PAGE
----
Journal of the American Society of Echocardiography: official publication of the American Society of Echocardiography 08/2011; 24(11):1285-90. · 2.98 Impact Factor
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    ABSTRACT: The high prevalence of airway hyperresponsiveness (AHR) among children with sickle cell anemia (SCA) remains unexplained. To determine the relationship between AHR, features of asthma, and clinical characteristics of SCA, we conducted a multicenter, prospective cohort study of children with SCA. Dose response slope (DRS) was calculated to describe methacholine responsiveness, because 30% of participants did not achieve a 20% decrease in FEV1 after inhalation of the highest methacholine concentration, 25 mg/mL. Multiple linear regression analysis was done to identify independent predictors of DRS. Methacholine challenge was performed in 99 children with SCA aged 5.6 to 19.9 years (median, 12.8 years). Fifty-four (55%) children had a provocative concentration of methacholine producing a 20% decrease in FEV1<4 mg/mL. In a multivariate analysis, independent associations were found between increased methacholine responsiveness and age (P<.001), IgE (P=.009), and lactate dehydrogenase (LDH) levels (P=.005). There was no association between methacholine responsiveness and a parent report of a doctor diagnosis of asthma (P=.986). Other characteristics of asthma were not associated with methacholine responsiveness, including positive skin tests to aeroallergens, exhaled nitric oxide, peripheral blood eosinophil count, and pulmonary function measures indicating airflow obstruction. In children with SCA, AHR to methacholine is prevalent. Younger age, serum IgE concentration, and LDH level, a marker of hemolysis, are associated with AHR. With the exception of serum IgE, no signs or symptoms of an allergic diathesis are associated with AHR. Although the relationship between methacholine responsiveness and LDH suggests that factors related to SCA may contribute to AHR, these results will need to be validated in future studies.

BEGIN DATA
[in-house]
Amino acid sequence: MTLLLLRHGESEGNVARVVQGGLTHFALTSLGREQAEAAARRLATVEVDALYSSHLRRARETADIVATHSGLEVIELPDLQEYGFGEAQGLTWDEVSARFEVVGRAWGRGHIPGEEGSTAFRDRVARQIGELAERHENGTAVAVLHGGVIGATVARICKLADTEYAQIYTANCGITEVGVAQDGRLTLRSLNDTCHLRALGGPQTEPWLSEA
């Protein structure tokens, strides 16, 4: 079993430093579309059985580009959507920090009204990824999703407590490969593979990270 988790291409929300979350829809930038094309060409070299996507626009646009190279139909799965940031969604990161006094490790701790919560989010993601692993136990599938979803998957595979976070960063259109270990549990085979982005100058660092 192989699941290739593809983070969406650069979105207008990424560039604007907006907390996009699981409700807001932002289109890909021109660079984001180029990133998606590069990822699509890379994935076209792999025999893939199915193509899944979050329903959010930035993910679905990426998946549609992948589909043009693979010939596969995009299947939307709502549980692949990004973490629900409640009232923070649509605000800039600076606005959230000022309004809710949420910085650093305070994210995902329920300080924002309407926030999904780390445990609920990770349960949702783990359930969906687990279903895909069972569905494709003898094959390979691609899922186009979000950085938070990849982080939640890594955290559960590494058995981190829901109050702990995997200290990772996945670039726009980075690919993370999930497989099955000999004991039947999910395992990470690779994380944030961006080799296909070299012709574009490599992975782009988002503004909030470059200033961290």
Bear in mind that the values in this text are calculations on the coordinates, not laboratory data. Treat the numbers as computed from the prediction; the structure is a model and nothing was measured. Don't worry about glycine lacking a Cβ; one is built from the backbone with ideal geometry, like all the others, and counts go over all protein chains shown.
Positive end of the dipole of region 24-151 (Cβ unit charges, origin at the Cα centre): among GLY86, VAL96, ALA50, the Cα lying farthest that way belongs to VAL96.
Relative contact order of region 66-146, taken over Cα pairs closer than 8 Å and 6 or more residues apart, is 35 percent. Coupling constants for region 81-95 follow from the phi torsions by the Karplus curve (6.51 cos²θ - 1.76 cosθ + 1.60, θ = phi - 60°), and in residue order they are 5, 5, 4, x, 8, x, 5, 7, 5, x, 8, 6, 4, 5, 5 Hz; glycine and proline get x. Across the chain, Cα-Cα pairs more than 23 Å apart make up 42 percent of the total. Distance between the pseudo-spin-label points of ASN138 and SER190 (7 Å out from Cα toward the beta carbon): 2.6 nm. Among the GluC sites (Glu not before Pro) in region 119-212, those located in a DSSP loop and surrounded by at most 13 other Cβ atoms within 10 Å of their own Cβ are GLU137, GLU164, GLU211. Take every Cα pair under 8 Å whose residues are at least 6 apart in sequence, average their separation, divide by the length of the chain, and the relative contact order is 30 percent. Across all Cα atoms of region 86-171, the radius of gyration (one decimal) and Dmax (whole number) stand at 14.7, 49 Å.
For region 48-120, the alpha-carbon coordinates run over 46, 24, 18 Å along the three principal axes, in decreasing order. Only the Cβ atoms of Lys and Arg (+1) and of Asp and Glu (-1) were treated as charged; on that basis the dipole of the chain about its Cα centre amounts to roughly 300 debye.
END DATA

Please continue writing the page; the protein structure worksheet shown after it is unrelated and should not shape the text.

Chest 03/2011; 139(3):563-8. · 7.13 Impact Factor
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    Joshua J Field, David G Nathan, Joel Linden
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    ABSTRACT: Sickle cell disease (SCD) causes widely disseminated vaso-occlusive episodes. Building on evidence implicating invariant NKT (iNKT) cells in the pathogenesis of ischemia/reperfusion injury, recent studies demonstrate that blockade of iNKT cell activation in mice with SCD reduces pulmonary inflammation and injury. In patients with SCD, iNKT cells in blood are increased in absolute number and activated in comparison to healthy controls. iNKT cell activation is reduced by agonists of adenosine 2A receptors (A(2A)Rs) such as the clinically approved coronary vasodilator, regadenoson. An ongoing multi-center, dose-finding and safety trial of infused regadenoson, has been initiated and is providing preliminary data about its safety and efficacy to treat SCD. Very high accumulation of adenosine may have deleterious effects in SCD through activation of adenosine 2B receptors that are insensitive to regadenoson. Future possible therapeutic approaches for treating SCD include selective A(2B)R antagonists and antibodies that deplete iNKT cells.
    Clinical Immunology 03/2011; 140(2):177-83. · 3.77 Impact Factor